Nanomedicine, Volume I: Basic Capabilities

© 1999 Robert A. Freitas Jr. All Rights Reserved.

Robert A. Freitas Jr., Nanomedicine, Volume I: Basic Capabilities, Landes Bioscience, Georgetown, TX, 1999


8.4.4 Microbiotagraphics

While high-speed nanomedical prophylactic measures against pathogens will be readily available (e.g., Section 10.4 and Chapter 19), in some cases the physician may wish to obtain an infection map before beginning treatment. It may also be useful to prepare maps of particular symbiotic, commensal, or parasitic bacterial species, or native mobile cellular elements, in the human body, whether for scientific or for diagnostic purposes.

For example, leukocytes and macrophages are readily recognized (Section and could be statistically sampled to produce a crude whole-body leukographic map. A fleet of 2 trillion mapping nanorobots evenly distributed throughout a 0.1 m3 body volume gives each nanorobot a patrol volume of 50,000 micron3 (~1 capillary volume). At 310 K, a 1-micron nanorobot of normal density has an average thermal velocity of ~500 microns/sec (Eqn. 3.3). Assuming a cross-sectional area of ~1 micron2, in 1 second a motile device traveling at this speed may trace out a nonrepeating zigzag path ~500 microns in length, or ~1% of its patrol volume, even while diffusing an additional radial distance of only DX ~ 1 micron (Eqn. 3.1). During its zigzag course, the device may collide at least once with ~1% of the motile body cells or microbiota present within the patrol volume. If ~10 collisions are required to ensure a positive identification of a cellular coat, then ~0.1% of the entire target cell population present in the patient's body may be physically sampled, positively identified, affirmatively counted, and directly associated with a specific map voxel in ~1 sec -- a sufficient statistical sample for most purposes, even given the likelihood of substantial double-counting. A whole-body white-cell-count map to ~1 cm3 voxel resolution requires ~106 bits to describe and may be retrieved by the physician in <~1 sec using an in vivo mobile acoustic communication network; a ~1 mm3 resolution map (~109 bits) fine enough to discover even the smallest macroscale infection site requires ~100-1000 seconds to outmessage in this manner. A sequence of readouts at regular intervals provides a clear strategic overview of the developing infection -- some bacterial infections cause a selective increase in neutrophils, while infections with some protozoa and other parasites cause a selective increase in eosinophils.531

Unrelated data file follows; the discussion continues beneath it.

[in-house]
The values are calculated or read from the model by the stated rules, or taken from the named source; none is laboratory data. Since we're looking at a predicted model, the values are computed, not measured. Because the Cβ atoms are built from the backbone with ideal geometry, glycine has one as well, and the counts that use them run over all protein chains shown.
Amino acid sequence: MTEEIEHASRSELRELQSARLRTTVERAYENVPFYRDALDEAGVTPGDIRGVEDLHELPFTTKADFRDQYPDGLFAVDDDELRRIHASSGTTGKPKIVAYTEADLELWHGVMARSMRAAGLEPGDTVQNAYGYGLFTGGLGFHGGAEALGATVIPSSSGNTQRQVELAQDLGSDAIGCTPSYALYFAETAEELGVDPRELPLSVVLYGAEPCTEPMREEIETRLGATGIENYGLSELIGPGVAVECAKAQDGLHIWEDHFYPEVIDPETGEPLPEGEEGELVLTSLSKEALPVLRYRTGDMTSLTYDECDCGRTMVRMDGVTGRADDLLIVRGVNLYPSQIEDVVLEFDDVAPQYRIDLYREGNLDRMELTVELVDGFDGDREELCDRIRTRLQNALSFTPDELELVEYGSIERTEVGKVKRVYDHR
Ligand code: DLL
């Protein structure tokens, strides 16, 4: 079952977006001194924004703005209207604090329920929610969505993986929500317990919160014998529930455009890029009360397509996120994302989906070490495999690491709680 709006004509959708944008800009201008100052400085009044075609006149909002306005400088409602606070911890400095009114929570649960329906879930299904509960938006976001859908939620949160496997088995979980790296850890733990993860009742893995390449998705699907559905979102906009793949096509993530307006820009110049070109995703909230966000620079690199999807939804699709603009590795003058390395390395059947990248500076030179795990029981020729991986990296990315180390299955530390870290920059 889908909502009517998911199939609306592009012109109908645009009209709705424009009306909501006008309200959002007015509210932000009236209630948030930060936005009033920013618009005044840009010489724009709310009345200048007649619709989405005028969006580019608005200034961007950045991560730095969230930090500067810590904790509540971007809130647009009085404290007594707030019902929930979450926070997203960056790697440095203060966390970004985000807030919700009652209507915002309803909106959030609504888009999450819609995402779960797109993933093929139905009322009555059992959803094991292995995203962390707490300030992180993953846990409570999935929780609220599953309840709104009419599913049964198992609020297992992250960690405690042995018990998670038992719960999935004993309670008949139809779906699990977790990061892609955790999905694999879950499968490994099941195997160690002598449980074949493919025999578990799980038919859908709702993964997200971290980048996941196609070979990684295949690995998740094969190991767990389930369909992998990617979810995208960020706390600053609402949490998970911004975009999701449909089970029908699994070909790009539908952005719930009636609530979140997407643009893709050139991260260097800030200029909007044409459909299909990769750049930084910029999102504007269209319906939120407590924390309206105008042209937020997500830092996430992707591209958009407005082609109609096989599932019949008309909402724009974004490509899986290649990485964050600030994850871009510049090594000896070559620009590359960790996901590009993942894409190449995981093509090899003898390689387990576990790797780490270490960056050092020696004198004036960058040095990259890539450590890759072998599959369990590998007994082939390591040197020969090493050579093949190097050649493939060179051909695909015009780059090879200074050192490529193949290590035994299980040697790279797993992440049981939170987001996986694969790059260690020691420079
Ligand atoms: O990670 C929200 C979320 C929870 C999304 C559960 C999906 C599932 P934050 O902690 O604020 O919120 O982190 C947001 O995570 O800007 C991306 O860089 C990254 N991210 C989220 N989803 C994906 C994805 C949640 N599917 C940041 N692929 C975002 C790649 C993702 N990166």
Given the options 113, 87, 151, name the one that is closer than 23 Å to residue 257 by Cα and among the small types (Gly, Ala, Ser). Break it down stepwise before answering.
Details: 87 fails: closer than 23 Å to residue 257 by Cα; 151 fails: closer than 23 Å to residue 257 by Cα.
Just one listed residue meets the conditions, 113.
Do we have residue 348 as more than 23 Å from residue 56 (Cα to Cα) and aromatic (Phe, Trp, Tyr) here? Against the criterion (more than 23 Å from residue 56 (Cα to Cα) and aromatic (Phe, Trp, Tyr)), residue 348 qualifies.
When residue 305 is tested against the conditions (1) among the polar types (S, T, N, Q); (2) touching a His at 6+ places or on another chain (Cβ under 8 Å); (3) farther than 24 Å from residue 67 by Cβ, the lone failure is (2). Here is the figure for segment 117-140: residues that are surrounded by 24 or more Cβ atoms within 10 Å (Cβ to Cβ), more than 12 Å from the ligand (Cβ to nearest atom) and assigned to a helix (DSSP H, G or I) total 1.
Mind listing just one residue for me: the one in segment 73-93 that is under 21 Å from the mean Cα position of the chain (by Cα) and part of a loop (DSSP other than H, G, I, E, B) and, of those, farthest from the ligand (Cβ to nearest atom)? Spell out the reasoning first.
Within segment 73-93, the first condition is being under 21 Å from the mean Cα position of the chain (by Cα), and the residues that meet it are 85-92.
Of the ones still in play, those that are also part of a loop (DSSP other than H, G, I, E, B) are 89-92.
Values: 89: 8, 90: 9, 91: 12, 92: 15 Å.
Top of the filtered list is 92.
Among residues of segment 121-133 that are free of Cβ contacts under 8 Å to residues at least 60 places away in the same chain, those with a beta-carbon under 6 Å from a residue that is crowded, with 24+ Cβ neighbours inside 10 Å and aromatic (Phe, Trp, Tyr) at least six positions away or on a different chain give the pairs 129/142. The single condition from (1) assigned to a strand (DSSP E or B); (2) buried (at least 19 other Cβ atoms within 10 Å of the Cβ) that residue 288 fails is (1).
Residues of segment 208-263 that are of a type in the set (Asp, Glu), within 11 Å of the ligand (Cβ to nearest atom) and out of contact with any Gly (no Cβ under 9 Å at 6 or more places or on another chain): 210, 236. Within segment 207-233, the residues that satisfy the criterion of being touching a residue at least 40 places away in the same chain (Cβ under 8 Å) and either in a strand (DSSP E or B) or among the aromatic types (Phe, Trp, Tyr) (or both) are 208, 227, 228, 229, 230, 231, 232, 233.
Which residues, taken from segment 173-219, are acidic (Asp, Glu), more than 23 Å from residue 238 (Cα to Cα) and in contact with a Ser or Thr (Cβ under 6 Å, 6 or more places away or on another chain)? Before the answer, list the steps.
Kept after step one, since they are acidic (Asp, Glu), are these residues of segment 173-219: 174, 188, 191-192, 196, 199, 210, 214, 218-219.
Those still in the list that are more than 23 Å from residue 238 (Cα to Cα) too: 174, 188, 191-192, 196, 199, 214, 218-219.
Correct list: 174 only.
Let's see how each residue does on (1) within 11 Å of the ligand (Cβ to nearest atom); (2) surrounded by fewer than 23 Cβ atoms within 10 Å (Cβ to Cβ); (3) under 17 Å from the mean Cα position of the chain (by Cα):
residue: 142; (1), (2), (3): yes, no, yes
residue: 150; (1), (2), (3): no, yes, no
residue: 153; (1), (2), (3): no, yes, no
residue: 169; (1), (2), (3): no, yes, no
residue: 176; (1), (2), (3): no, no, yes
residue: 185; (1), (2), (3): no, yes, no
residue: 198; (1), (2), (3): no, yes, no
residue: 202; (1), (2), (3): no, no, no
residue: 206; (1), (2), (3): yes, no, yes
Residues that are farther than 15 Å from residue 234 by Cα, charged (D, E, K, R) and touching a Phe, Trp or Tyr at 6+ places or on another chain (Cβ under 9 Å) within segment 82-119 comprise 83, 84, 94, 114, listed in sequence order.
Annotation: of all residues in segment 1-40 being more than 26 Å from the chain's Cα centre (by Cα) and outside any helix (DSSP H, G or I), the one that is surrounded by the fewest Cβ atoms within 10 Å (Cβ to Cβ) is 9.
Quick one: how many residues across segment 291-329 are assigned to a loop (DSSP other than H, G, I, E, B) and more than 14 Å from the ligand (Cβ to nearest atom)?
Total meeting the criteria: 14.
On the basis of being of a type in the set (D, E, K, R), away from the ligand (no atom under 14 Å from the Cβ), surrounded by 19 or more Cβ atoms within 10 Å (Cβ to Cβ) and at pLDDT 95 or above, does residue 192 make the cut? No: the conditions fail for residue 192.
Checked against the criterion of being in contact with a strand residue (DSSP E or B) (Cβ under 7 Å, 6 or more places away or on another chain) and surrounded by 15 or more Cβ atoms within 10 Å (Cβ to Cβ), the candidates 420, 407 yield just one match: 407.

Whole-body vascular (e.g., bloodstream only) surveys of red cells, white cells, platelets or pathogens will proceed ~10 times faster using a nanorobot fleet of similar number density, owing to the reduced search volume, though at the cost of slightly increased onboard computational complexity needed to compensate for the moving reference frame.

Discussion of possible protein coat marker modifications that bacteria or other pathogens might evolve in a nanomedical technology-rich treatment environment as a defensive tactic is deferred to Chapter 17.


Last updated on 20 February 2003